I accumulated more than 7,000 albums by the time I moved here from New Mexico in 1980. I can’t begin to tell you how much fun it is to move that many really heavy boxes of LPs. More than once. But my son Chris could have told you, in no uncertain terms. Even though he was also a music fanatic and loved having them around.
Over the years in the LA area The 7,000 were joined by more than 5,000 CDs. And then the terabytes of external hard drives began to accumulate. If you think this is insane, in a condo of less than 1,000 square feet, you have to remember there was a time when not every single song ever recorded was available for play, at that moment when you really needed it, from some platform or another. No, if that voice inside insisted you had to hear your favorite Richie Havens album, or Nusrat Fateh Ali Khan, Gene Clark or Ofra Haza or Lazar Berman, and nothing else would do, it was so satisfying to know you could walk over to the right place in the library and pluck it out. Funny how technology can make a life’s work irrelevant. Actually, not funny at all, dammit, but whatcha gonna do?
Here’s what. You go tearfully, but with discipline and courage, through The 7000 and you weed out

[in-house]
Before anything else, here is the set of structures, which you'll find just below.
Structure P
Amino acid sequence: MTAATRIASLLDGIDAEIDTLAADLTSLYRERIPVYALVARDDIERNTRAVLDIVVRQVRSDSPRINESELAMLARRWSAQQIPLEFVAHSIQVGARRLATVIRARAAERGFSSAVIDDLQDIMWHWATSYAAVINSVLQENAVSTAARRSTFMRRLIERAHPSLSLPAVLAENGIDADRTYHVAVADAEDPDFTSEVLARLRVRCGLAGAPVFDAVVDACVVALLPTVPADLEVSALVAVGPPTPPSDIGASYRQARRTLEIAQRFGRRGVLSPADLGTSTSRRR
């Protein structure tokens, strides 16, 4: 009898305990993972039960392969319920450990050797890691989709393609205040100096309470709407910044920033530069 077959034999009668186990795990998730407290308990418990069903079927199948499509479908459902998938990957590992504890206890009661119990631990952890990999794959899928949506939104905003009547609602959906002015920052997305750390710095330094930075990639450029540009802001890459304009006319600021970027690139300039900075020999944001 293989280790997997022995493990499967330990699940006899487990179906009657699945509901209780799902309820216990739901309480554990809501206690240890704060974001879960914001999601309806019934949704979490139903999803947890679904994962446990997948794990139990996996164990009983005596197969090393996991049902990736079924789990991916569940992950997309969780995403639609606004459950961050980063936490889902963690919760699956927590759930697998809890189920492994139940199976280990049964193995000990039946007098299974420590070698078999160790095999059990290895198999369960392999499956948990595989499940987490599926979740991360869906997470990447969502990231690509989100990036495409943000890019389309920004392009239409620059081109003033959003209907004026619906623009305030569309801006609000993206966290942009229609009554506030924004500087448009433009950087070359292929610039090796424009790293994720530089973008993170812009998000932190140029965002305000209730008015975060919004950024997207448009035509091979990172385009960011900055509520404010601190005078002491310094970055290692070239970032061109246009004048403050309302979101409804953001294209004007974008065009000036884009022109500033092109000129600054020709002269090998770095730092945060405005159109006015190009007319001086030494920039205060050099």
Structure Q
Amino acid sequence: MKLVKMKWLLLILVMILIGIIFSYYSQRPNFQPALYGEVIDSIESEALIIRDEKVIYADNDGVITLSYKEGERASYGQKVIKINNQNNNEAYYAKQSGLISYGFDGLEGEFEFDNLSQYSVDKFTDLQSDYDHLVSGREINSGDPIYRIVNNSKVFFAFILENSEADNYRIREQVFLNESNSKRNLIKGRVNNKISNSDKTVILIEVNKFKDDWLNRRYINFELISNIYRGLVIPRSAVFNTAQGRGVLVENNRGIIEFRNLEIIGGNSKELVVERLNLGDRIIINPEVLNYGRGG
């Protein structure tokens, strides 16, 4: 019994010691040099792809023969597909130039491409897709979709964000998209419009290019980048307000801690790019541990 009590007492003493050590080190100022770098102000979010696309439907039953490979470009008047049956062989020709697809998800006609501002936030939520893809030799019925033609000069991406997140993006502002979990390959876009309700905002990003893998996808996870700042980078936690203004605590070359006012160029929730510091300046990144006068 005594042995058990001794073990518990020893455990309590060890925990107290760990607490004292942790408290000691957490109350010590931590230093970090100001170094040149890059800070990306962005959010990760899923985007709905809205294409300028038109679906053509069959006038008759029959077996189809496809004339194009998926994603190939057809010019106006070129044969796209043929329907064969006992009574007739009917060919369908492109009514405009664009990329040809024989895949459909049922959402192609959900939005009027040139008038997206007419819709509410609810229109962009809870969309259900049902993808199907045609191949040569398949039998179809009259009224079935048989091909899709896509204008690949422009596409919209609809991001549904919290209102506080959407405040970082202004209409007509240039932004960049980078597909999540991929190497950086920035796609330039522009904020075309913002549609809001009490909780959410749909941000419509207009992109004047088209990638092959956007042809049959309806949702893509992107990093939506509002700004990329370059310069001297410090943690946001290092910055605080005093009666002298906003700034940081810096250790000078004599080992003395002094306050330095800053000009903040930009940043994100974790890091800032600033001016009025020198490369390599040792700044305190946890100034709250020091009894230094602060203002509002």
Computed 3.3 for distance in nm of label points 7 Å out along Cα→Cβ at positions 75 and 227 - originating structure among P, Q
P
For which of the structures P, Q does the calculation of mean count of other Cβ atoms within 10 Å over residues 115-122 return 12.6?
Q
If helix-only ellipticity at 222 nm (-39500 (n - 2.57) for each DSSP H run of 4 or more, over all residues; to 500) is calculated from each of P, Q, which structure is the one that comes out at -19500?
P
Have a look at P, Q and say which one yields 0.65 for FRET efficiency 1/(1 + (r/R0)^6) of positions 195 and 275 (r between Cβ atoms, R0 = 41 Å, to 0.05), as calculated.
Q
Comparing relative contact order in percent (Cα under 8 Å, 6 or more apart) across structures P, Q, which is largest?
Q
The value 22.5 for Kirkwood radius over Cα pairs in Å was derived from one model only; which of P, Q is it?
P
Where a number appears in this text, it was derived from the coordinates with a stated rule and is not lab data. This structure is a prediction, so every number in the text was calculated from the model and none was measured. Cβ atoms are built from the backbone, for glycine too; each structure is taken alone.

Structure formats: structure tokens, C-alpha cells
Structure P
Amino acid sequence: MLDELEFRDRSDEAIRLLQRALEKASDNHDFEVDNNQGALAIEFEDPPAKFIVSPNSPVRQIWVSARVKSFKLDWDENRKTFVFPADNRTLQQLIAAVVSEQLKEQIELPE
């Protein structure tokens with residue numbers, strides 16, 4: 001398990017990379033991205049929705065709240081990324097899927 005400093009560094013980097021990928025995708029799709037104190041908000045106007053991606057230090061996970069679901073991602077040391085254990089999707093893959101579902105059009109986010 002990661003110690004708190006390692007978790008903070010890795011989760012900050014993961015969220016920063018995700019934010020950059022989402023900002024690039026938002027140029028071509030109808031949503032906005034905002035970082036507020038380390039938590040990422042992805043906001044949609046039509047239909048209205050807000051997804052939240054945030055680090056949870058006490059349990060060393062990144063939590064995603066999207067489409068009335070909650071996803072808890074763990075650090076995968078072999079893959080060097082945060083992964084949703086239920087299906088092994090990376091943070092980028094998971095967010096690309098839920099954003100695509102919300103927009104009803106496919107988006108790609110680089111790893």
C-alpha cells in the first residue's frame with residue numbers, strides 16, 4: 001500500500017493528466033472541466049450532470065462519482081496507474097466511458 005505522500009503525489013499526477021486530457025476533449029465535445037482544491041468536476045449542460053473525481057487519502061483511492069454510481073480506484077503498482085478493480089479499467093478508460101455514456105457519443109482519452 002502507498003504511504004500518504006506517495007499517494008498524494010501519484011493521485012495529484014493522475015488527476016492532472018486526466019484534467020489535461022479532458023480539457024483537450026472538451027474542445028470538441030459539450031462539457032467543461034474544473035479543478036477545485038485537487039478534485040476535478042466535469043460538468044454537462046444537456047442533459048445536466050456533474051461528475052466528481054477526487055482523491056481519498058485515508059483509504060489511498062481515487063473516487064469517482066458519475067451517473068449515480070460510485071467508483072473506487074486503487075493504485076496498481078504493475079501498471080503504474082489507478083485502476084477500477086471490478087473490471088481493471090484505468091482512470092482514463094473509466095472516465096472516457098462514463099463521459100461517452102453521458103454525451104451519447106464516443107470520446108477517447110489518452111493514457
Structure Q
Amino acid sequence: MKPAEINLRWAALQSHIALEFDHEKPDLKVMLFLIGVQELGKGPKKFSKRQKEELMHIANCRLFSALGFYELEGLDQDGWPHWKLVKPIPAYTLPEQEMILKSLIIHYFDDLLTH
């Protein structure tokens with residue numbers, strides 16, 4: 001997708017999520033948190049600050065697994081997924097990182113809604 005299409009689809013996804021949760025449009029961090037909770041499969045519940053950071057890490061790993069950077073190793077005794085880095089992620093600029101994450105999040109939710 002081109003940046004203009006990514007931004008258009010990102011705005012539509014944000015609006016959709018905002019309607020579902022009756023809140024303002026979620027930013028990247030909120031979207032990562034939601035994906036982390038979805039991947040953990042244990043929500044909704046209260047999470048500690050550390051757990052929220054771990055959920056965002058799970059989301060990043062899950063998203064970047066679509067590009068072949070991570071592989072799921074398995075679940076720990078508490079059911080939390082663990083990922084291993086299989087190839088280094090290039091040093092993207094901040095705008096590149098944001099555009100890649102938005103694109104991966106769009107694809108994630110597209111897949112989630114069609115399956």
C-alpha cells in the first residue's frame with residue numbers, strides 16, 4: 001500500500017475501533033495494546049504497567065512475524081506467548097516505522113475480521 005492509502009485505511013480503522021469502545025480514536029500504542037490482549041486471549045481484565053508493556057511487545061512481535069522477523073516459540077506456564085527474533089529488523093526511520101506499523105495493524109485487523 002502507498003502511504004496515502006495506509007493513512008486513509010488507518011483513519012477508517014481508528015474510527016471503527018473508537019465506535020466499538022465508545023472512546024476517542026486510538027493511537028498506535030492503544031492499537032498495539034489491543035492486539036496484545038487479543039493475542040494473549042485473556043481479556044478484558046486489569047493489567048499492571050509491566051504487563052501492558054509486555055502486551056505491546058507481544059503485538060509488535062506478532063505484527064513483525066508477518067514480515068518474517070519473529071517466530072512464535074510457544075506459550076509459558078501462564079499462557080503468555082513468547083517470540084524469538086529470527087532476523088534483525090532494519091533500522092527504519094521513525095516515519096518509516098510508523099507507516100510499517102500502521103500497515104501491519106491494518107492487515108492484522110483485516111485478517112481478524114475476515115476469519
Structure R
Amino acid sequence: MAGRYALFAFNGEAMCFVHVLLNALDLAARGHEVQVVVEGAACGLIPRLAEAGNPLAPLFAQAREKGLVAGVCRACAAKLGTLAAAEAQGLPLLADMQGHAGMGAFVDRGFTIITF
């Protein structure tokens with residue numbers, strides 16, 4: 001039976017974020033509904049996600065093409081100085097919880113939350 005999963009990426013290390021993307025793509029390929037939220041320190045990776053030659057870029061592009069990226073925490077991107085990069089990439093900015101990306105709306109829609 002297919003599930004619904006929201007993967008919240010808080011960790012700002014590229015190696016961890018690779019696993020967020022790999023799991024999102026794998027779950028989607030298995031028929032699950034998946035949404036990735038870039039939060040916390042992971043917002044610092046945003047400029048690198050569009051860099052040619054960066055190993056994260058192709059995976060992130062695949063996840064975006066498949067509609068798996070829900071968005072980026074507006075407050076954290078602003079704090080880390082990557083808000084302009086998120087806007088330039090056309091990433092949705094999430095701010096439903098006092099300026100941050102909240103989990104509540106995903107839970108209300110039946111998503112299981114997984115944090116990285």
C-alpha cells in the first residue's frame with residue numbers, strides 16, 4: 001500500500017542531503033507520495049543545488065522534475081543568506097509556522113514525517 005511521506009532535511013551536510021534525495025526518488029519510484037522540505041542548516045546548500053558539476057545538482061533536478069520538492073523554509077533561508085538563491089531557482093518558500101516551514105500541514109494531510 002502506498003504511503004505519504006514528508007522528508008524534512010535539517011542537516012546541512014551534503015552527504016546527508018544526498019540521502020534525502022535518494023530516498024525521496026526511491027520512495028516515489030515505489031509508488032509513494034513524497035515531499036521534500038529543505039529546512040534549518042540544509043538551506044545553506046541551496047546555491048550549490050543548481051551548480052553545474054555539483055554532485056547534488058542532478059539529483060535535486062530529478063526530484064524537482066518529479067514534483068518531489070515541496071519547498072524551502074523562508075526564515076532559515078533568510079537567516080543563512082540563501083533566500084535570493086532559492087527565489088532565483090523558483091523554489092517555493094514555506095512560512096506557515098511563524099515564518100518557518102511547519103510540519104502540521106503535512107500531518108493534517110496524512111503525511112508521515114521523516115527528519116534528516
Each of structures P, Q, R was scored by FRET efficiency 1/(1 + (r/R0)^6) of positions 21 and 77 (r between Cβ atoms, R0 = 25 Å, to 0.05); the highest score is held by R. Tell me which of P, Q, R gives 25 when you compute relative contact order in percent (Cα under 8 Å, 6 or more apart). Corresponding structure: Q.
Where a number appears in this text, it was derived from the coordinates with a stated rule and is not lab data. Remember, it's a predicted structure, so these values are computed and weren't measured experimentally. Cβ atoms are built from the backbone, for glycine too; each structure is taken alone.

THE ONES YOU CAN POSSIBLY LIVE WITHOUT
And you sell them. For peanuts. Because you’re right between the windows where Japanese buyers were paying insane dollars to satisfy their yen for every American LP (even though the quality, the clarity, separation and noiselessness of their albums is so superior to ours), and when the hipsters discovered vinyl as a means to enhance their sorry status by surrounding themselves at home with carefully curated LPs. God bless ‘em, but I had already let too many go for a quarter or two. Timing is everything.
So I had whittled it down to only the albums I could not bear to live without. And that final number was 1800. Most people have never had anywhere close to that number of PVC friends and confidants to make them smile and ease their pain, so I guess I am fortunate. But every so often I want to play album x and I go to where it should be, where it was, and there is an empty space. An empty space in my heart, to match the hole in the center of that LP.
THEY NEEDED A GOOD HOME
That near-pristine vinyl, those 141 plus 41, and I did find the right person for the 141 classical, and we had a really good time shooting the breeze about divas and dirigeants we have known, and music and life. I got to watch a friend go treasure hunting in my backyard, and it was rewarding for both of us. Stay tuned! Names revealed! Gossip dished! Tunes hummed! Scores settled! Details to follow.
HAPPY BIRTHDAY !!!
Today! To my dear wife and life partner Diane Michelle. You have brought so much joy through music into my life, and Chirs’s and Nicole’s, and countless thousands, that you can rest assured that you have used your talents to the utmost. The world became a far better place on that certain April 8. Thank you for always giving, “All of Me.”
Charles Andrews has listened to a lot of music of all kinds, including more than 3,000 live shows. He has lived in Santa Monica for 34 years and wouldn’t live anywhere else in the world. Really. Send love and/or rebuke to him at [email protected]
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Author: Charles Andrews